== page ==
“The Grey”—It’s Not About Wolves

Filed in The Inner Life, Your Purpose as a Writer by on February 1, 2012 • views: 653

Hollywood isn’t known for its multi-layered box-office smashes. They don’t often make millions with metaphorical masterpieces. The general word is that Americans don’t like them. They like their stories nice and neat, simple and straightforward, properly wrapped up and sealed at the end.

Apparently, that’s why many of them scored the recent release The Grey at a B- upon leaving the theater, according to an MTV article. Too uncertain. Raised too many questions. Made them too uncomfortable.

On the contrary, I love it when a movie takes me out of my ordinary life and into something deeper, leaving me a bit shaken up. It’s at those times I feel my money was well spent. I’m left noodling over the film for hours, trying to put it together, trying to apply its message to my own life. This movie left me feeling that way. I’d have given it an A+ for that. Apparently I’m not the only one. I read critic Roger Ebert, after watching the film, was “stunned with despair.” He tried to watch another one afterwards, but had to walk out after 30 minutes. “The way I was feeling in my gut,” he writes, “it just wouldn’t have been fair to the next film.”

I walked into the restroom after the show, reliving the movie in my mind and finding again and again the deeper meanings. Another woman sat in a stall, talking on her cell phone. (Why do people think restrooms are the place to call loved ones?) The person on the other end of the line apparently asked her what she was going to see. “The Grey,” she said. “With Liam Neeson? It’s about wolves.”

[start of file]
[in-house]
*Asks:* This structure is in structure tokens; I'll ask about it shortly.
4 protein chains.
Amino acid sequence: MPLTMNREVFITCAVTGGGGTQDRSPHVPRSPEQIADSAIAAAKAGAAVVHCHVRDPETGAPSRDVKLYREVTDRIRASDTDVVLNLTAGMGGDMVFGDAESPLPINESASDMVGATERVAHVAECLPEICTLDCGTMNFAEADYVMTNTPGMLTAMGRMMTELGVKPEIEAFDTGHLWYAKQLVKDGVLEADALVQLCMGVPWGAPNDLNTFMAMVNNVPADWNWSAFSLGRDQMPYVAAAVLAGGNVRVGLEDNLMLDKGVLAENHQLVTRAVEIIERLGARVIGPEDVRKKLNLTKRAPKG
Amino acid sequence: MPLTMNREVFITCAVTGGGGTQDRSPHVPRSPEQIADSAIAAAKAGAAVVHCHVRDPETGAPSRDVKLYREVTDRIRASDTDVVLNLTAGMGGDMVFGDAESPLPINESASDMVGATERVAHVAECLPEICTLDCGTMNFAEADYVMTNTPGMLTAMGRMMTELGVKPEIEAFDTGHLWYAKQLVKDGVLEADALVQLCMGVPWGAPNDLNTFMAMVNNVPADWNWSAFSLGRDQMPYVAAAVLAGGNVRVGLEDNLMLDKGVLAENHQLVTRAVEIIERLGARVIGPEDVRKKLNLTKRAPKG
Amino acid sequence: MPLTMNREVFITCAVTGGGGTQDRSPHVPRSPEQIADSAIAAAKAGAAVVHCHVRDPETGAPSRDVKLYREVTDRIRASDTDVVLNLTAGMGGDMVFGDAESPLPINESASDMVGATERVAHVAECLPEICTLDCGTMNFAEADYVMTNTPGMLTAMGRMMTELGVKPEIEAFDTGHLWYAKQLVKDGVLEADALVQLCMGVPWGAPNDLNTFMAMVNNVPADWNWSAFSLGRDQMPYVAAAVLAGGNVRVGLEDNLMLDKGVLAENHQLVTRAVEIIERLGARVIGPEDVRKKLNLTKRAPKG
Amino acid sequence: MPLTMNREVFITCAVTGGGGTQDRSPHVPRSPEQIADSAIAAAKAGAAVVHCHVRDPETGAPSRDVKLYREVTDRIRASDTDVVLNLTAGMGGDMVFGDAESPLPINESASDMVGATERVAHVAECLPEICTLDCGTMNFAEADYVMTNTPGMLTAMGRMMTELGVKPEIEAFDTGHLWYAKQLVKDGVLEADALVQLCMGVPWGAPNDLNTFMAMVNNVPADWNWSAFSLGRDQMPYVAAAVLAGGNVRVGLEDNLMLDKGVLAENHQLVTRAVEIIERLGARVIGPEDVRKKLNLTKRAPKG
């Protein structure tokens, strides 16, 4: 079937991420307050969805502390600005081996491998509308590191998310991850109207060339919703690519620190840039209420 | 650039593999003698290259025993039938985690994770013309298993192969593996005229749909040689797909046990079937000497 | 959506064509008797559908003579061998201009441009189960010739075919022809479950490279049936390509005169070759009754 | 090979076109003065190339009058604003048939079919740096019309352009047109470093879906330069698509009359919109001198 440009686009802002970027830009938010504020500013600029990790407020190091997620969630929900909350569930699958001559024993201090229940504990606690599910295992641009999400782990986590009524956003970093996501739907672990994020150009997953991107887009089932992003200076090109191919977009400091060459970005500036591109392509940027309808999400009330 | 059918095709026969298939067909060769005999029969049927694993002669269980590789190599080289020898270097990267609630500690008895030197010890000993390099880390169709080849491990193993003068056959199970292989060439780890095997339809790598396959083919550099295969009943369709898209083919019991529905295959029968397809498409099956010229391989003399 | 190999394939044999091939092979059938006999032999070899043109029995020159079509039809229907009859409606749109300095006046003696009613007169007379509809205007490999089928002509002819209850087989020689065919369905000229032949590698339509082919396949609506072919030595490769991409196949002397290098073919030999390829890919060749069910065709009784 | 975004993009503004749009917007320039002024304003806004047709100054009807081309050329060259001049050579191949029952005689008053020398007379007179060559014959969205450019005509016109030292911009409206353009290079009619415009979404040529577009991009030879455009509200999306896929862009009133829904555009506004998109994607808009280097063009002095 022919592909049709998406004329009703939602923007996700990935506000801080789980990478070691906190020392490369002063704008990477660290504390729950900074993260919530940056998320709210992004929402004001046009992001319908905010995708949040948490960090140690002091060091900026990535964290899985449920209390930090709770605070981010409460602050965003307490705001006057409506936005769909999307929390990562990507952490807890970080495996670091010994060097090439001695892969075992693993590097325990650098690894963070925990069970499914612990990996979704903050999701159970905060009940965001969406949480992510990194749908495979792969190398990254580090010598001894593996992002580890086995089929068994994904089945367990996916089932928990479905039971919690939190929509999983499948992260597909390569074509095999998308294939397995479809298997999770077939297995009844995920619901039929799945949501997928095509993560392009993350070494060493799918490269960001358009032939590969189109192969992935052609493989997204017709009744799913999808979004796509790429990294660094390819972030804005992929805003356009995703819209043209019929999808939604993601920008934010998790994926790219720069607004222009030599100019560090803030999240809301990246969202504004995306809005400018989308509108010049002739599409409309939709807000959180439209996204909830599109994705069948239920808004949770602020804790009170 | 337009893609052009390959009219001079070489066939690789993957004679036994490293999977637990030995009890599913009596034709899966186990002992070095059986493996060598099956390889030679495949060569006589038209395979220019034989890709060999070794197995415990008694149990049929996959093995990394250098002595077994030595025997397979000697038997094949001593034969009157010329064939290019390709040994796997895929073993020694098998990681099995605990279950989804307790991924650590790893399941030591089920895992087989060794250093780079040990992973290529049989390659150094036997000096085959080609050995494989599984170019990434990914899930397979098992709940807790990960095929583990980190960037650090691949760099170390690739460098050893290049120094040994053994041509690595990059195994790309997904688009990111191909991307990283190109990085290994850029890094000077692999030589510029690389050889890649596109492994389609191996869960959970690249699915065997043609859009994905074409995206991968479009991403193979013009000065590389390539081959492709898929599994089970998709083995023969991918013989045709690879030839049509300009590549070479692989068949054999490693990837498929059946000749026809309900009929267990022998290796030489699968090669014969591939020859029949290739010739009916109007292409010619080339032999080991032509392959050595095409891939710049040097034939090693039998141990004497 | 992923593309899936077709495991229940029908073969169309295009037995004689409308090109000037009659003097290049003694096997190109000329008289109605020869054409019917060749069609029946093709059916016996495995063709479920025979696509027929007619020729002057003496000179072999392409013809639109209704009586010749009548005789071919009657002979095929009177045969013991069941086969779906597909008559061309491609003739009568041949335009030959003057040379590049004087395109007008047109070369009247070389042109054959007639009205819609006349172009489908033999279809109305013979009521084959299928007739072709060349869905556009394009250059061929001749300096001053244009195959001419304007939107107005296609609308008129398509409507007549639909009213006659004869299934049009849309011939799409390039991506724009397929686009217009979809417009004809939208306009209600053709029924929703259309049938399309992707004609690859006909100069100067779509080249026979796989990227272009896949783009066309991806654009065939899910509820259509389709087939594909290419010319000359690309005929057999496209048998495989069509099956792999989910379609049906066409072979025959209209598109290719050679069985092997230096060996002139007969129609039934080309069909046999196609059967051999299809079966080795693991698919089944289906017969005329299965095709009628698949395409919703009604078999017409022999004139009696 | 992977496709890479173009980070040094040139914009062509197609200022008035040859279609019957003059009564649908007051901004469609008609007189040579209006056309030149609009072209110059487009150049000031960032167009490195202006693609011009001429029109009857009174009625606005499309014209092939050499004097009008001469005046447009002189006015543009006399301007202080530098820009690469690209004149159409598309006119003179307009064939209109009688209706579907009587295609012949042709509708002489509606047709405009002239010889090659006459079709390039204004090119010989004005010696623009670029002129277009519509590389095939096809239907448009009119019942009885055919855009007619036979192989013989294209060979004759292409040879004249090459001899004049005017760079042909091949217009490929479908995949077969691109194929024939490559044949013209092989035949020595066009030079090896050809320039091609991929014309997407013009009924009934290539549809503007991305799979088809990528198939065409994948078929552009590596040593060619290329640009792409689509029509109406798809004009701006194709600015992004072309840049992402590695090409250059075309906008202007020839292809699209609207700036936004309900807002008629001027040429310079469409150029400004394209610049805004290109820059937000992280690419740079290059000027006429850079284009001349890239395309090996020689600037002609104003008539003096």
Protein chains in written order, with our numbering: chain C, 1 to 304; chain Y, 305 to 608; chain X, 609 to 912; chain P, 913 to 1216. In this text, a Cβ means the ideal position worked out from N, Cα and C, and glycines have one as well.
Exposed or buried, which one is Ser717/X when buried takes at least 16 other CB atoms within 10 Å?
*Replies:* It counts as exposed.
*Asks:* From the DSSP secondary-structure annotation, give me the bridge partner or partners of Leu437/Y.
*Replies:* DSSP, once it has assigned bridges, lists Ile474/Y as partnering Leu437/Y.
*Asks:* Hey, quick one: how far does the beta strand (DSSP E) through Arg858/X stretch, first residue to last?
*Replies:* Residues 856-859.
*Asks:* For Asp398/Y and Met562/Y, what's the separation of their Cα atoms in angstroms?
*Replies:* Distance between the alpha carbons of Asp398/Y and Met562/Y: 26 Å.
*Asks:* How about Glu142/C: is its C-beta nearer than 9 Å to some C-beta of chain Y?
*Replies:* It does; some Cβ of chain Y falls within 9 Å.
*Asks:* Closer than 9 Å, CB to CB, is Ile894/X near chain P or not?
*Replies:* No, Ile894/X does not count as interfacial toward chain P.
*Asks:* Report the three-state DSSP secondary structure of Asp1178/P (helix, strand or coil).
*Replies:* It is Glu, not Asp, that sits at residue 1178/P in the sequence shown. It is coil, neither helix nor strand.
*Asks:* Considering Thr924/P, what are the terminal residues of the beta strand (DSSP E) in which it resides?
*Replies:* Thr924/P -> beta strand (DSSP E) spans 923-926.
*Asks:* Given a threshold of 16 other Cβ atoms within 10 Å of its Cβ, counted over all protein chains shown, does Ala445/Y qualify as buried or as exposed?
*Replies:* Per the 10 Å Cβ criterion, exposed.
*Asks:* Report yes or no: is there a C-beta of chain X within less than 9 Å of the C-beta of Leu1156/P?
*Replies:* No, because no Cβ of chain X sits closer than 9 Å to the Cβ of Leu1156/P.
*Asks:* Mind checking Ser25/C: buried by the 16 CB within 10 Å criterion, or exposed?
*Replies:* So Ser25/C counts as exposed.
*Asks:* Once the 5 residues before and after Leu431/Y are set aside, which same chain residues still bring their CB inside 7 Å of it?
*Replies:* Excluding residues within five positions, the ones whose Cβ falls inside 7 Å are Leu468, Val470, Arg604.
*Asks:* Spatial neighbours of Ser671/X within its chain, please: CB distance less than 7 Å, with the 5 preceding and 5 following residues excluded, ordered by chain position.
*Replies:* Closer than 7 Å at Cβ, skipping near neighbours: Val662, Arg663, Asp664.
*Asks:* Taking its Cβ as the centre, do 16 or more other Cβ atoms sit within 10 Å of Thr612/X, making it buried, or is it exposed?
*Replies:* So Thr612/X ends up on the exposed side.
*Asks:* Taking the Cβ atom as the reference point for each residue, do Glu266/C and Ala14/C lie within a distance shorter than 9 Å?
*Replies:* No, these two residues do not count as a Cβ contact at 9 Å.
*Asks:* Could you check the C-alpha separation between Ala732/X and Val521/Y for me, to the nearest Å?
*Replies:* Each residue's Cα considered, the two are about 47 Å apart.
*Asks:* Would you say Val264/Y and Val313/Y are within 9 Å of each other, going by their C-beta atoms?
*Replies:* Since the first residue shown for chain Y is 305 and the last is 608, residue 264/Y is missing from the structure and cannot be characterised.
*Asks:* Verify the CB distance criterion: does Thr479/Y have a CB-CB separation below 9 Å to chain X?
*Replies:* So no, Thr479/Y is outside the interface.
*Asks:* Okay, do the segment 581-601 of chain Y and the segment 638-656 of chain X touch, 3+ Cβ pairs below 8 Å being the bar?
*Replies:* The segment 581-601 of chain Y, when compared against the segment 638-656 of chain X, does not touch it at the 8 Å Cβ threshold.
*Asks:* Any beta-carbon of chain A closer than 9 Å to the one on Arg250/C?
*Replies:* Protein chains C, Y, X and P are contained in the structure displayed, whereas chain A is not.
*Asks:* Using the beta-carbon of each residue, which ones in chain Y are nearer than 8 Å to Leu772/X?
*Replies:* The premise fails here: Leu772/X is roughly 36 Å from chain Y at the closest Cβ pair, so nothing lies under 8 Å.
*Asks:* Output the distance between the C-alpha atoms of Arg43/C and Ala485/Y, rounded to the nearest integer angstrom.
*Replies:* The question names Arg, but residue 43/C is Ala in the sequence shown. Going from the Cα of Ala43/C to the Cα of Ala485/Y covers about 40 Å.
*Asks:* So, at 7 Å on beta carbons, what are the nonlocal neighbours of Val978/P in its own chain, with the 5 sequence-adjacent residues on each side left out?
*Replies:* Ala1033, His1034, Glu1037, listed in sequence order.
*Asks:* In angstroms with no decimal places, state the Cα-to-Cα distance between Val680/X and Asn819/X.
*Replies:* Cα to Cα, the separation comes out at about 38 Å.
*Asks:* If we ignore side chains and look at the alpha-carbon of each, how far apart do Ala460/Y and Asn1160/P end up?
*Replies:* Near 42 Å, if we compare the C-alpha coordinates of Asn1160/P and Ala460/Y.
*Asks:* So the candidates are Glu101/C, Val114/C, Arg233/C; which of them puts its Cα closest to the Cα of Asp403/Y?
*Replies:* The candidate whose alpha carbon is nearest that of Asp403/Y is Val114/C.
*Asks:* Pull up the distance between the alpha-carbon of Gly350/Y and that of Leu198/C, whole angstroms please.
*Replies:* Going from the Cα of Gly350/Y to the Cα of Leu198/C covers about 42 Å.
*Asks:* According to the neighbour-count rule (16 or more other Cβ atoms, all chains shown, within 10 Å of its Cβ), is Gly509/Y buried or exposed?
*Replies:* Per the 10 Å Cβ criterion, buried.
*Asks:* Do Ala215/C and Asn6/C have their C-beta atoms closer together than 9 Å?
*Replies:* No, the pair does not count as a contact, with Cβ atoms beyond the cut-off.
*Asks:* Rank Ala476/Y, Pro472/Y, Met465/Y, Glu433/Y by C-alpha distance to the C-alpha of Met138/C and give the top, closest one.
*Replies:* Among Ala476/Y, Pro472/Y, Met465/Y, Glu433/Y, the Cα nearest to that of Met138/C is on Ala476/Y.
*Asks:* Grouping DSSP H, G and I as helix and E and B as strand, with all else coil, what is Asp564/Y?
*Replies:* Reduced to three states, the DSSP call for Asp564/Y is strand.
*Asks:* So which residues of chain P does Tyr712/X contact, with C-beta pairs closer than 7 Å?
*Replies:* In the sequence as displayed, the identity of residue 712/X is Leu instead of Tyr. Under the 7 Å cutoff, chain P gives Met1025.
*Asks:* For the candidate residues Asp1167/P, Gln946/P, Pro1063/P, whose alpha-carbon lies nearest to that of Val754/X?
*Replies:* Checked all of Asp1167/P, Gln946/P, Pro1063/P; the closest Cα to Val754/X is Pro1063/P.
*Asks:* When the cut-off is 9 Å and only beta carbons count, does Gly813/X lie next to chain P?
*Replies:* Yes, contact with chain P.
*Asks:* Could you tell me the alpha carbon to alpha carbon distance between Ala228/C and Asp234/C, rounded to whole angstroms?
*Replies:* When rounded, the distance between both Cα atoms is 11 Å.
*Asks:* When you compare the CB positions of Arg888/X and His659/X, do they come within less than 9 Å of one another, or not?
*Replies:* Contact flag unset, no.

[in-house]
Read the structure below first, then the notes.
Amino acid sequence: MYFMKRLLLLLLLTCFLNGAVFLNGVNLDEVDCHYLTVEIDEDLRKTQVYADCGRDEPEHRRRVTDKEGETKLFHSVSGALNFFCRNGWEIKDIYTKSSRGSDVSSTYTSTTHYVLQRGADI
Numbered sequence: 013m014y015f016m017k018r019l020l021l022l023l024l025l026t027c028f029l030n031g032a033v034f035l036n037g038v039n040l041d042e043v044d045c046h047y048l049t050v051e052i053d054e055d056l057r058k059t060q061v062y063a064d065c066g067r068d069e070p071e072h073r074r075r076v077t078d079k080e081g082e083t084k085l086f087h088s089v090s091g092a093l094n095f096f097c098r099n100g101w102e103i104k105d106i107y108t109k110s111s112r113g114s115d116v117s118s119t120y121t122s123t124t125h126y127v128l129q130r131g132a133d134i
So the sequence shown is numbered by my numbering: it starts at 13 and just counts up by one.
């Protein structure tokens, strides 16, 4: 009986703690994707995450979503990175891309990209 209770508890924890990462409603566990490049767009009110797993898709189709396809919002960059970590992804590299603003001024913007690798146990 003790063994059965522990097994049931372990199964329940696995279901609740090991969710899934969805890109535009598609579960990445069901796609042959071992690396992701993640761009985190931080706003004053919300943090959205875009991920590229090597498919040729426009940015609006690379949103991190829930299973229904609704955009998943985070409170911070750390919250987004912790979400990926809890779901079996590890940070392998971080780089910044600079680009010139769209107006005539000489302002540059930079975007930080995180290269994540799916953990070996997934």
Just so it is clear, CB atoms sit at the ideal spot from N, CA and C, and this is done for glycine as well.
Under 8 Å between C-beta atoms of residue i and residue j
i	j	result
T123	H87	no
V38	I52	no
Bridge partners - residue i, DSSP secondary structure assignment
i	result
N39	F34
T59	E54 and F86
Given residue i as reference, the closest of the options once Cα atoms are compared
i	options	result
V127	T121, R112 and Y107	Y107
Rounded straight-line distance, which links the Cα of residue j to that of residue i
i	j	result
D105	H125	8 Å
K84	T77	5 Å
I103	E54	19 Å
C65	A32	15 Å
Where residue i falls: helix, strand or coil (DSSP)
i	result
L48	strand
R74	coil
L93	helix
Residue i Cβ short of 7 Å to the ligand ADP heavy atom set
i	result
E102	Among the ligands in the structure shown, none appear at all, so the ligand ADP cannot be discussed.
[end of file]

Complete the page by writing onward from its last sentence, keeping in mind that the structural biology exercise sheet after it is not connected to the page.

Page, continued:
I wanted to tell her. The last thing that movie was about was wolves.

When you see the trailer, that seems to be it. Liam Neeson, in another adventure thriller, trying to survive after a plane crash in frigid northern Alaska. He and 7 other men band together to brave the elements and try to find help. The movie is filled with wolves, all kinds of them, huge, strong, snarling beasts, black, gray, and silver, praying upon the survivors, picking them off one by one as if this were Alien or Predator. But I remember thinking when I first saw the trailer: Really? Is this movie just about this guy trying to survive a series of wolf attacks?

I live in Idaho, where we’ve become really cozy with wolves again in the last decade or so, thanks to the Yellowstone transplant project. The transplant was so successful that the state experts now say we have too many of them, and they’re starting to tear down our deer and elk herds. Amid much controversy, they opened up a wolf hunt last year.

I have no romantic notions about wolves. My father, a WWII Marine and the toughest man I’ve ever known, used to speak of them with a wary respect in his eyes. I know they kill to survive, and sometimes, kill to kill. I’ve seen too many family pets, farmer’s calves and rancher’s lambs with their throats ripped out and the rest of the body left behind to think otherwise.

Whether they’d actually pursue a handful of men struggling to survive in the frigid conditions of Alaska, I don’t know. They might. I doubt they’d do so with the relentless fervor they display in The Grey. I particularly doubt that one singular alpha male would follow the main character through the mountains, across a gorge, and into a river, just to be there at the final stand. I could be wrong. Either way, it doesn’t matter, because in this movie, the wolves aren’t really wolves at all.

(Spoiler alert.)

The wolves are symbols. Stand-ins for the real main character: death.